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HIV Education Outreach Programme for Schools in Kumasi

May 16, 2007

Written by: Gordon Pearce, Kumasi District Co-Ordinator / Volunteer

The recent May 1st celebrations marked the last day of the Easter vacation for schools in the Ashanti region, and the beginning of the new term enabled the continuation of Light for Children’s programme of HIV-related educational outreach activities. Over the past week LIFOC staff have visited three different schools in the Atonsu-Agogo area of Southern Kumasi, engaging in a combination of HIV/AIDS behaviour change presentations and associated follow-up sessions.

On Tuesday May 15th, Junior Secondary aged pupils (11 to 15 years) at Atonsu Metropolitan Authority School A participated in an interactive exercise using the Journey of Hope learning approach, which employs an imaginary fleet of ‘survival boats’ crossing a treacherous stretch of water to reach a distant tropical island as a metaphor for the methods which young people can use to help them avoid HIV and achieve their life goals. The boats represent abstinence, faithfulness and condom use, the three most effective ways to prevent transmission of the AIDS virus through sexual intercourse (the most common mode of transmission), while the risks posed by HIV, STIs and teenage pregnancy to those who fall into the water are illustrated with crocodiles lurking beneath the surface.

The idea is to help children to think about what will make them happy in the long term so that they are less likely to jeopardise their future chances in life by engaging in high-risk behaviour at a young age. It is hoped that the encouragement of pupils to take an active role in choosing the right path for them, rather than just being passive recipients of a lecture, will result in them adopting safer behaviour patterns on a more permanent basis.

As part of the interactive element in Light for Children’s education outreach work, pupils are asked at the end of the session to produce a short piece of work in the form of a poem, story, essay or picture which expresses some of their views on HIV and related sexual health issues. On May 10th and May 15th LIFOC visited Atonsu Presbyterian School and the adjacent Metro Authority School B to present prizes for the best entries and carry out a short follow-up activity.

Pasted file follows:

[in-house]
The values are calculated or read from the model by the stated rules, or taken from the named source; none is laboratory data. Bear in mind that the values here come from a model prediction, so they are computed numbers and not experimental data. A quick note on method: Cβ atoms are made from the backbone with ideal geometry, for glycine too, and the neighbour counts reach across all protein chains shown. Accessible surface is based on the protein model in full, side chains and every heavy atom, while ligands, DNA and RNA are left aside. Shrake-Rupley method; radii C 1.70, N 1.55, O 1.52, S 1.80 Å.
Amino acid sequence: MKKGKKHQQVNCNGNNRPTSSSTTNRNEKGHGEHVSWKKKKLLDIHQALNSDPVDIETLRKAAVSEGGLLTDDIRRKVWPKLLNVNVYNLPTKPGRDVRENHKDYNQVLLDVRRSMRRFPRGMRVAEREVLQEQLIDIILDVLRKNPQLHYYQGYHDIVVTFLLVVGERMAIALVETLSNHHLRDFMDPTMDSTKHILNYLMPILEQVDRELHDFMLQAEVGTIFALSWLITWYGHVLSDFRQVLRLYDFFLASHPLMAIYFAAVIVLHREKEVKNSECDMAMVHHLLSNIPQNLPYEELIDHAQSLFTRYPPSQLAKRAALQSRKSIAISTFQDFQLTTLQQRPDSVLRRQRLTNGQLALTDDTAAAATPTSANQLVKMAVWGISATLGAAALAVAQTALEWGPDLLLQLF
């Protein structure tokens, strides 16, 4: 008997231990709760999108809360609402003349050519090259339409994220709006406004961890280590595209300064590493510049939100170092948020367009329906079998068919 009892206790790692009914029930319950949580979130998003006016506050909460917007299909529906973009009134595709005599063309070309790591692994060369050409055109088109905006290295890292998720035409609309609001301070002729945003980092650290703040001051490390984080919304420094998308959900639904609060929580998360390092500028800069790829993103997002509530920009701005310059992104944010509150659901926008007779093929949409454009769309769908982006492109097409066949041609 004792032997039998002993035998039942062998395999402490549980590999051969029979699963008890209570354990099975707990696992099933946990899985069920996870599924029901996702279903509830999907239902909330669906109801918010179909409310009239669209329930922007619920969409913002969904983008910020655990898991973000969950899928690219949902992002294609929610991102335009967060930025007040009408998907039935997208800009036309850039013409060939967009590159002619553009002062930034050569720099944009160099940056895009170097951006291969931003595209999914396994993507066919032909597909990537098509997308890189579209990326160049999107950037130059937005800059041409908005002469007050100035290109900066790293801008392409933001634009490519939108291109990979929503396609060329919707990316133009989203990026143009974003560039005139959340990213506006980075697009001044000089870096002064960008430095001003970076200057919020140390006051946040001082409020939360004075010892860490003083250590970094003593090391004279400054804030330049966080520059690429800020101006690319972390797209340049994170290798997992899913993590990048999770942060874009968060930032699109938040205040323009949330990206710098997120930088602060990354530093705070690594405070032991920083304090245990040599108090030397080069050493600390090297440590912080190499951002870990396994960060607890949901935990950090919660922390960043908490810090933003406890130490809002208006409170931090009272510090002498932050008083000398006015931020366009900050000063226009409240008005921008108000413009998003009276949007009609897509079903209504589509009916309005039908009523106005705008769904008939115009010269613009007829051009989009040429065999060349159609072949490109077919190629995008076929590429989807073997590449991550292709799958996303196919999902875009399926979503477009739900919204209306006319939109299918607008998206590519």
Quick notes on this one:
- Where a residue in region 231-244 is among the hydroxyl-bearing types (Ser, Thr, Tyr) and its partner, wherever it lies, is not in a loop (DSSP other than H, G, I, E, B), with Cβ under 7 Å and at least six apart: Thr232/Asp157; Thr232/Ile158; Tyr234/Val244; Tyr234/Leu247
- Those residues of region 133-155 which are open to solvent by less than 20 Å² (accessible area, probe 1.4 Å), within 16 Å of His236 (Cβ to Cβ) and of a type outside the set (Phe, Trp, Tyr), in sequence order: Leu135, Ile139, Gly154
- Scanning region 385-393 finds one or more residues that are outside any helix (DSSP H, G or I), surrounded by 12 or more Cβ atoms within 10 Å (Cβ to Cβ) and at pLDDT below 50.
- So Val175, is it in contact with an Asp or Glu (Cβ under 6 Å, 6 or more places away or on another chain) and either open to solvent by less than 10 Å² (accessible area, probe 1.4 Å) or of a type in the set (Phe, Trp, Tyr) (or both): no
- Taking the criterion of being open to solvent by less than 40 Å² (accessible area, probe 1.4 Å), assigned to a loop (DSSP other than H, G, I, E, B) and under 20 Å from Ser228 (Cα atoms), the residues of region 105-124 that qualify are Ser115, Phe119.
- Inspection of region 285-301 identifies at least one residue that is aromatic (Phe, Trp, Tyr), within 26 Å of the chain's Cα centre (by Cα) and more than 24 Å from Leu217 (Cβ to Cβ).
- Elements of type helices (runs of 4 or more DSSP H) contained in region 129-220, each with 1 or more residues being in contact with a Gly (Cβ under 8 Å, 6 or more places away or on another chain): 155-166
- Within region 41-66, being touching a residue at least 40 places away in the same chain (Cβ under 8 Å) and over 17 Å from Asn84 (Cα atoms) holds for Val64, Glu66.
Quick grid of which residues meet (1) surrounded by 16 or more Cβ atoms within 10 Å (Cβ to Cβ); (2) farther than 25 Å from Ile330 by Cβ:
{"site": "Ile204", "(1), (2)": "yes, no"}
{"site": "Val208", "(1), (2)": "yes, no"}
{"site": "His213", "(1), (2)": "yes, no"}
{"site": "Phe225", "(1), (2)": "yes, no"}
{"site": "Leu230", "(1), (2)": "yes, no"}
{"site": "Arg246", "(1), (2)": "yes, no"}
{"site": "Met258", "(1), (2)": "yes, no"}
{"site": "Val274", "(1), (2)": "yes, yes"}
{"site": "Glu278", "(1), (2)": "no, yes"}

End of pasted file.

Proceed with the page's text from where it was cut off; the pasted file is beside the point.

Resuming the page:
Each winner received a pack of exercise books and stationary to help them in their studies as a token of appreciation for their outstanding compositions. Excerpts from all the pieces had been collated by LIFOC volunteers into colourful posters which were presented to the schools for display in classrooms and communal areas, allowing the children to see a tangible result from their efforts and providing them with a resource to help remember and reinforce the key messages addressed during the outreach sessions. In addition, the prize-winning work was word-processed and mounted to form part of the wall display so that the authors could enjoy recognition for their achievements. Light for Children staff discussed with students the main ideas which emerged from their contributions and explained the thinking behind expressing these themes in poster form.

LIFOC paid a further visit to Yaa Achiaa Girls’ School on Wednesday May 16th, in a continuation of our organisation’s links with this establishment. Previously pupils in JSS years 2 and 3 had taken part in activities with Light for Children staff, so this time it was the turn of a JSS 1 class to get involved with the Journey of Hope presentation.

The girls proved very receptive to the issues touched on therein, and were keen to contribute their ideas and opinions; as in the Presby and Metro schools the pupils were set an assignment to produce a piece of work expressing their viewpoint, which they will complete over the course of the next few days. Light for Children will continue to return to Yaa Achiaa over the coming weeks to present the Journey of Hope activity to more JSS 1 children and award prizes for the best essays, poems and pictures.